Oftentimes, using soothing digestive herbs, digestive enzymes, or other digestive supports, can help protect the lining from further damage, and coat the intestines while they heal. Every patient is different, so there’s no “one size fits all approach to deciding which digestive supports are appropriate. A functional medicine clinician can help determine which supports are best for each patient’s unique needs.

  1. Reinoculate: rebalance your gut flora

Friendly bacteria are important, and a well-colonized gut is vital to good digestive health. The good bacteria help abate the less-friendly ones that lead to sickness and disease. Probiotics are an important way to re-introduce proper flora to the intestines. Proper diet, including fiber-rich foods also establish microfloral balance. You might also need a prebiotic to help keep those beneficial bacteria well fed and thriving.

  1. Repair: rebuild your intestinal cells

There are many ways to repair and rebuild the intestinal cells and lining. Medical research continues to explore ways to advance this healing naturally. Studies have shown glutamine is helpful for maintaining the structure and function of the intestine and has been shown to improve damage from radiation and chemotherapy. Other therapies include methionine and N- acetyl cysteine, larch, kiwifruit, and zinc to aid in healing. It is important to work with a clinician to establish the best ways to treat and repair your digestive tract.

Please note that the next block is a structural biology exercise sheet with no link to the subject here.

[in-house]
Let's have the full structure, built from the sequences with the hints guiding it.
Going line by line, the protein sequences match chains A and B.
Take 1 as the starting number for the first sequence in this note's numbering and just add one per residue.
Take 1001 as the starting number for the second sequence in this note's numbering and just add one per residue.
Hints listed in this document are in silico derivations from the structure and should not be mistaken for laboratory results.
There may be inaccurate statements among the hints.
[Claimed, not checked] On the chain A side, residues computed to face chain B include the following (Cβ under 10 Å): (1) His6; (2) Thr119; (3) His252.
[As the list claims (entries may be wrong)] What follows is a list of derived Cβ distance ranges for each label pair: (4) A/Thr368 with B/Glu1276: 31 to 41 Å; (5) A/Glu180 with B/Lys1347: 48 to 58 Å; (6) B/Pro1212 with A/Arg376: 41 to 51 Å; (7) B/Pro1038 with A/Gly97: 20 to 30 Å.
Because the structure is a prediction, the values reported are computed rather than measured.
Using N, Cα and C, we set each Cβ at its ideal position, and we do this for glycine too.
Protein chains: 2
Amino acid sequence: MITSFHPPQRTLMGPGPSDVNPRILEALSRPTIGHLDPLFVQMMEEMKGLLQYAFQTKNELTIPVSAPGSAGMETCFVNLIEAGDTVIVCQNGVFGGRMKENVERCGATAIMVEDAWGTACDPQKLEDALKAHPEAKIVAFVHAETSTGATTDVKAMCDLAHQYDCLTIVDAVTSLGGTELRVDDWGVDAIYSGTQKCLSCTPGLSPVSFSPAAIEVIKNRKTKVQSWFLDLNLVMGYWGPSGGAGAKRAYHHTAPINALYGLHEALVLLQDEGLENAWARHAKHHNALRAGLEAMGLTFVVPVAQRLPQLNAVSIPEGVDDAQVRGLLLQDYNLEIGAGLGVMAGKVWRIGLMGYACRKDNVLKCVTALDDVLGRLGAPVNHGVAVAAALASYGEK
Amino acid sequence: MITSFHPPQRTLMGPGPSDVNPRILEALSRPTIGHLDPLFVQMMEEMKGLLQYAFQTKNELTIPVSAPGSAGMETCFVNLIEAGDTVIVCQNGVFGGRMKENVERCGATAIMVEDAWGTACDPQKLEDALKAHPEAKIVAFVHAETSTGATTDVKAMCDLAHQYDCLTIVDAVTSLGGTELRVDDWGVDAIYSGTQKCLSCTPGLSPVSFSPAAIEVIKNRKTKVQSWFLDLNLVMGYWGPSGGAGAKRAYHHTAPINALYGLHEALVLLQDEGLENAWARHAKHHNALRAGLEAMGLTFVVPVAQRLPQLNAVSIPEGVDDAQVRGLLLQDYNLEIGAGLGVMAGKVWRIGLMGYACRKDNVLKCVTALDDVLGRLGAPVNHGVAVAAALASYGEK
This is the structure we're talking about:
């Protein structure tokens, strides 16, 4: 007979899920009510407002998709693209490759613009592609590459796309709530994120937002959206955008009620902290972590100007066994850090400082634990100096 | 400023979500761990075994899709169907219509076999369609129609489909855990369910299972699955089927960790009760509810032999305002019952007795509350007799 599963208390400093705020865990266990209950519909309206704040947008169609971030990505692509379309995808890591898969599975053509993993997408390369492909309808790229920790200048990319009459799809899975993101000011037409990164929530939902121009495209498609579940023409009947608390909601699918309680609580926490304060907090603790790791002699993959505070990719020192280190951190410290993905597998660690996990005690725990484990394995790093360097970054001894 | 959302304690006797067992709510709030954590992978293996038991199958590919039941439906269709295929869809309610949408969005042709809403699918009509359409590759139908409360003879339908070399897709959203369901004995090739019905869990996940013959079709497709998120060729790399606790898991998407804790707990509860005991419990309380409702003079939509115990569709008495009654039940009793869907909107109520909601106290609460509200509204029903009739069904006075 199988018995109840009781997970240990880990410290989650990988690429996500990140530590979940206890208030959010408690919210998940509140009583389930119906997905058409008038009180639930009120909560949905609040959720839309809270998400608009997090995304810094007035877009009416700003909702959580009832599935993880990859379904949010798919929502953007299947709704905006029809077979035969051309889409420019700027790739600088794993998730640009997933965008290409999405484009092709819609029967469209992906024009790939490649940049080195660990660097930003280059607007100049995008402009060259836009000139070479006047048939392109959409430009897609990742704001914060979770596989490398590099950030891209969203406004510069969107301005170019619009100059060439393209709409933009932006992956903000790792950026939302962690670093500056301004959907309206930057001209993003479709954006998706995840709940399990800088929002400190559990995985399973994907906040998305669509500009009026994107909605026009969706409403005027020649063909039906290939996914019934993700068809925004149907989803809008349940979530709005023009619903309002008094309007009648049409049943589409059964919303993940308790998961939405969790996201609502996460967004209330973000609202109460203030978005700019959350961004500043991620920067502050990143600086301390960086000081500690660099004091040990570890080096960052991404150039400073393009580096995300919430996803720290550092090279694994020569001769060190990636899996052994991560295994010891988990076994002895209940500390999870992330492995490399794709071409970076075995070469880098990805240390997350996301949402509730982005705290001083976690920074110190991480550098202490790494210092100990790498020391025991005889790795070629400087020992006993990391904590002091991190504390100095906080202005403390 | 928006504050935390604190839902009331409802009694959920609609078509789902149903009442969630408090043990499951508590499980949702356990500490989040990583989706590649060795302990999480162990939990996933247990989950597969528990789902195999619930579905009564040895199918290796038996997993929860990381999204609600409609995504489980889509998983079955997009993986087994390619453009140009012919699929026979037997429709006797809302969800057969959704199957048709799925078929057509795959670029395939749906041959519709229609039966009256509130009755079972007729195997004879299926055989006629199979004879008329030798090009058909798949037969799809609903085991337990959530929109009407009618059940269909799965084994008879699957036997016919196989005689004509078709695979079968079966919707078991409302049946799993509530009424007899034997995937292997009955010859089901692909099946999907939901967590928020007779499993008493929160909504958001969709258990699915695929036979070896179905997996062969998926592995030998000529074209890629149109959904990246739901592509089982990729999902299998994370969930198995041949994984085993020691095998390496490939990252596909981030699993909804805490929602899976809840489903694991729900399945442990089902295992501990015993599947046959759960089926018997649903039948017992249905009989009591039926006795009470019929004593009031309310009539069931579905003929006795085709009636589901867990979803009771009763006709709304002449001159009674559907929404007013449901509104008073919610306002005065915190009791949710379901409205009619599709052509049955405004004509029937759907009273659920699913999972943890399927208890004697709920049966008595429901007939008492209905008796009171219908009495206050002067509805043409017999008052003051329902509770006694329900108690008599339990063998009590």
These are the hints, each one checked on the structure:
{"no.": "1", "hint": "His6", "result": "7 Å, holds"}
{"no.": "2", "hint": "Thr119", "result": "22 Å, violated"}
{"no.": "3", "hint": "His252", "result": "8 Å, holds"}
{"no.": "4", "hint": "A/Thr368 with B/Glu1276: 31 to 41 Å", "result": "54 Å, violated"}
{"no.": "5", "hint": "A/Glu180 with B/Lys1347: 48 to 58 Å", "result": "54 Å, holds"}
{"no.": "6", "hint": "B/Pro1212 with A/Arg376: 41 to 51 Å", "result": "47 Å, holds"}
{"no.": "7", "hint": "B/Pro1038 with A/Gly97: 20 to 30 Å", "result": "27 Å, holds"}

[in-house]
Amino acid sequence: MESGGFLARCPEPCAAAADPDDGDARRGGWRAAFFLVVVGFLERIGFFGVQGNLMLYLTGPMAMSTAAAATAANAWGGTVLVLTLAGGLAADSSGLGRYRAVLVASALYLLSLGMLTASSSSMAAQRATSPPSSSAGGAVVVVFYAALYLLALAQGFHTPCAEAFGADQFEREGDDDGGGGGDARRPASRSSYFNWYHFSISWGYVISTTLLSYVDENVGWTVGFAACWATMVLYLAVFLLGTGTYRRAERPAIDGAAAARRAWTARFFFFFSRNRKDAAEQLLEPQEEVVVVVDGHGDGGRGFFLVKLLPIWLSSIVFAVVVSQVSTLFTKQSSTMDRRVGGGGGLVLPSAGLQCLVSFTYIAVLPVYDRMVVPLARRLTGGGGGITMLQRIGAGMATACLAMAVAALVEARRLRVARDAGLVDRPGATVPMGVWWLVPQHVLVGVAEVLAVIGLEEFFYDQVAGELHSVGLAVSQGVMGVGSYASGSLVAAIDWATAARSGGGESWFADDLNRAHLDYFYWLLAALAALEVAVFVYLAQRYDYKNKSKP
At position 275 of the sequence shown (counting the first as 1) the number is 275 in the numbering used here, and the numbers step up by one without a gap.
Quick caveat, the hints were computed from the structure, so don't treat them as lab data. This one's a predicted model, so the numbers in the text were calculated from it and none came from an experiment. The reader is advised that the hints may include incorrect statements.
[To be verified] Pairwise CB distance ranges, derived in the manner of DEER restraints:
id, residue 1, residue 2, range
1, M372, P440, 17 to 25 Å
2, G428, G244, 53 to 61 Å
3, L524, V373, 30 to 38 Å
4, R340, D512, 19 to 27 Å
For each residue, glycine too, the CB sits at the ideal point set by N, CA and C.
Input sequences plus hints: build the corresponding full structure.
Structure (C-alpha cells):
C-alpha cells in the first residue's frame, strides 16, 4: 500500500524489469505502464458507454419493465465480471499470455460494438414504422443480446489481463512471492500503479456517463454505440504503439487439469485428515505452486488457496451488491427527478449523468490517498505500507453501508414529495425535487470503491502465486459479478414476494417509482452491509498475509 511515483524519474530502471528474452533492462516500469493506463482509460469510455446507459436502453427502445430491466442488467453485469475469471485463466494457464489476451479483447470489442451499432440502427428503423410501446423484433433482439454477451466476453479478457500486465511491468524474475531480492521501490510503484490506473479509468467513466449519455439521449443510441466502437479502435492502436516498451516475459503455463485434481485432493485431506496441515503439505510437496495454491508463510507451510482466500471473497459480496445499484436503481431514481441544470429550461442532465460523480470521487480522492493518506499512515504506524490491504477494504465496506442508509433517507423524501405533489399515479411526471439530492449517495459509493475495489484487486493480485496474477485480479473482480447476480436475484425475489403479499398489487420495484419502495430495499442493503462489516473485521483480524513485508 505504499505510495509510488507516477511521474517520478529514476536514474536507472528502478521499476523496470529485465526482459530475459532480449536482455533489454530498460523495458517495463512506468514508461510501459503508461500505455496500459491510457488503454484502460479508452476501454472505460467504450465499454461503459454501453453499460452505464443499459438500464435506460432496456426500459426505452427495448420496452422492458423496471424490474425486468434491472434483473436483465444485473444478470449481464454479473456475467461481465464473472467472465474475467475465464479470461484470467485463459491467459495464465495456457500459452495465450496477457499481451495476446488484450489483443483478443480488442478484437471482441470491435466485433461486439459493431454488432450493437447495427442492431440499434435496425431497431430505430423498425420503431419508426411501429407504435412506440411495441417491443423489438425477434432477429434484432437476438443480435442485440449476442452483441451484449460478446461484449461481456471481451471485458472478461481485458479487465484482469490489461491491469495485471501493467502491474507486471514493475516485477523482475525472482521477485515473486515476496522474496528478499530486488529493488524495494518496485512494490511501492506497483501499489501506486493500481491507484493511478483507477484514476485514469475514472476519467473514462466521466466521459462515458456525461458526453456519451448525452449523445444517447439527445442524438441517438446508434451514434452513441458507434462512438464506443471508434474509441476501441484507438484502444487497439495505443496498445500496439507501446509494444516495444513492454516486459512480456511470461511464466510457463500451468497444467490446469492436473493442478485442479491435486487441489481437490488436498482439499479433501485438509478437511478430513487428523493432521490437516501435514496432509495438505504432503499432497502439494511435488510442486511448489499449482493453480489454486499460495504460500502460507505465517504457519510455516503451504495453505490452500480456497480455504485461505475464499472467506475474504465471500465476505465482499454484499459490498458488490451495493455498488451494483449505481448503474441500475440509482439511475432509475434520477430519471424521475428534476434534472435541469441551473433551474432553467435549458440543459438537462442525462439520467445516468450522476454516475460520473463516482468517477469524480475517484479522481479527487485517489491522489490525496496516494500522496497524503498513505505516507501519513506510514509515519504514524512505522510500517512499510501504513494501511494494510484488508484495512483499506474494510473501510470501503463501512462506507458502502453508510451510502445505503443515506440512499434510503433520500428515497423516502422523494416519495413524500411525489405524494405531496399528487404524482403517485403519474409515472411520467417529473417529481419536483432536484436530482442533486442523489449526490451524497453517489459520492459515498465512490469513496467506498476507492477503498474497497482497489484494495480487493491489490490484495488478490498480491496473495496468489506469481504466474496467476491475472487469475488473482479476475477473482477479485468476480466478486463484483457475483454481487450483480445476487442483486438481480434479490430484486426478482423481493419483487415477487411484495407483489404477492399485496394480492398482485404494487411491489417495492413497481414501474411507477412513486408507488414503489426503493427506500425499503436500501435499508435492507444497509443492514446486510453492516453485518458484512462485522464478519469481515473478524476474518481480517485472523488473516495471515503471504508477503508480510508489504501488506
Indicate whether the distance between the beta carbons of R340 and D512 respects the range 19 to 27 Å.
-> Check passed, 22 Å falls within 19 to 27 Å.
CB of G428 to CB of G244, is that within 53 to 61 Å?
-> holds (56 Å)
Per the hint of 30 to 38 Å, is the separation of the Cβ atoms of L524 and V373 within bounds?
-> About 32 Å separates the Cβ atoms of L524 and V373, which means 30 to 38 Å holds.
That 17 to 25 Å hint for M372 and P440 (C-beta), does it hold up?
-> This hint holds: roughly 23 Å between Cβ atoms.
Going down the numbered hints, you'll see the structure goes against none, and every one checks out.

1. Regulate or Rebalance

This is the step many may miss – but it’s essential for long-term success! We must pay attention to how we feel when we eat, where and how we eat, and of course what we eat – all the time, not just when we’re having trouble. That means avoiding any food that you’ve determined causes GI upset in your body. It’s also important to eat in a relaxed setting, eat slowly, and chew food thoroughly to help our bodies digest food properly. Digestion begins with an antibody in our saliva called secretory IgA (sIgA), which is an indicator of digestive immune function. Found throughout the digestive tract, sIgA is our first line of defense against bacteria and, along with relaxed, healthy eating, is important to our entire immune system.

With my guidance, Diana is well on her way to healing her leaky gut. But full healing takes time, patience and a willingness to commit to the steps I’ve recommended for the long haul. She says that she’s found so much relief in just a few weeks, she’s ready to make these changes permanent. She’s beginning to enjoy eating again, her irritability has begun to subside, and she trusts that she can take a long walk away from easy access to a bathroom!

There’s a lot still to be learned about leaky gut syndrome, but I know one thing for sure: it is real. Symptoms may look different for everyone, but identifying and isolating the root cause can help eliminate this distressing disorder. I firmly believe that digestion is the foundation of our overall health. By nurturing and improving this very important function naturally, we can open the door to better health for life!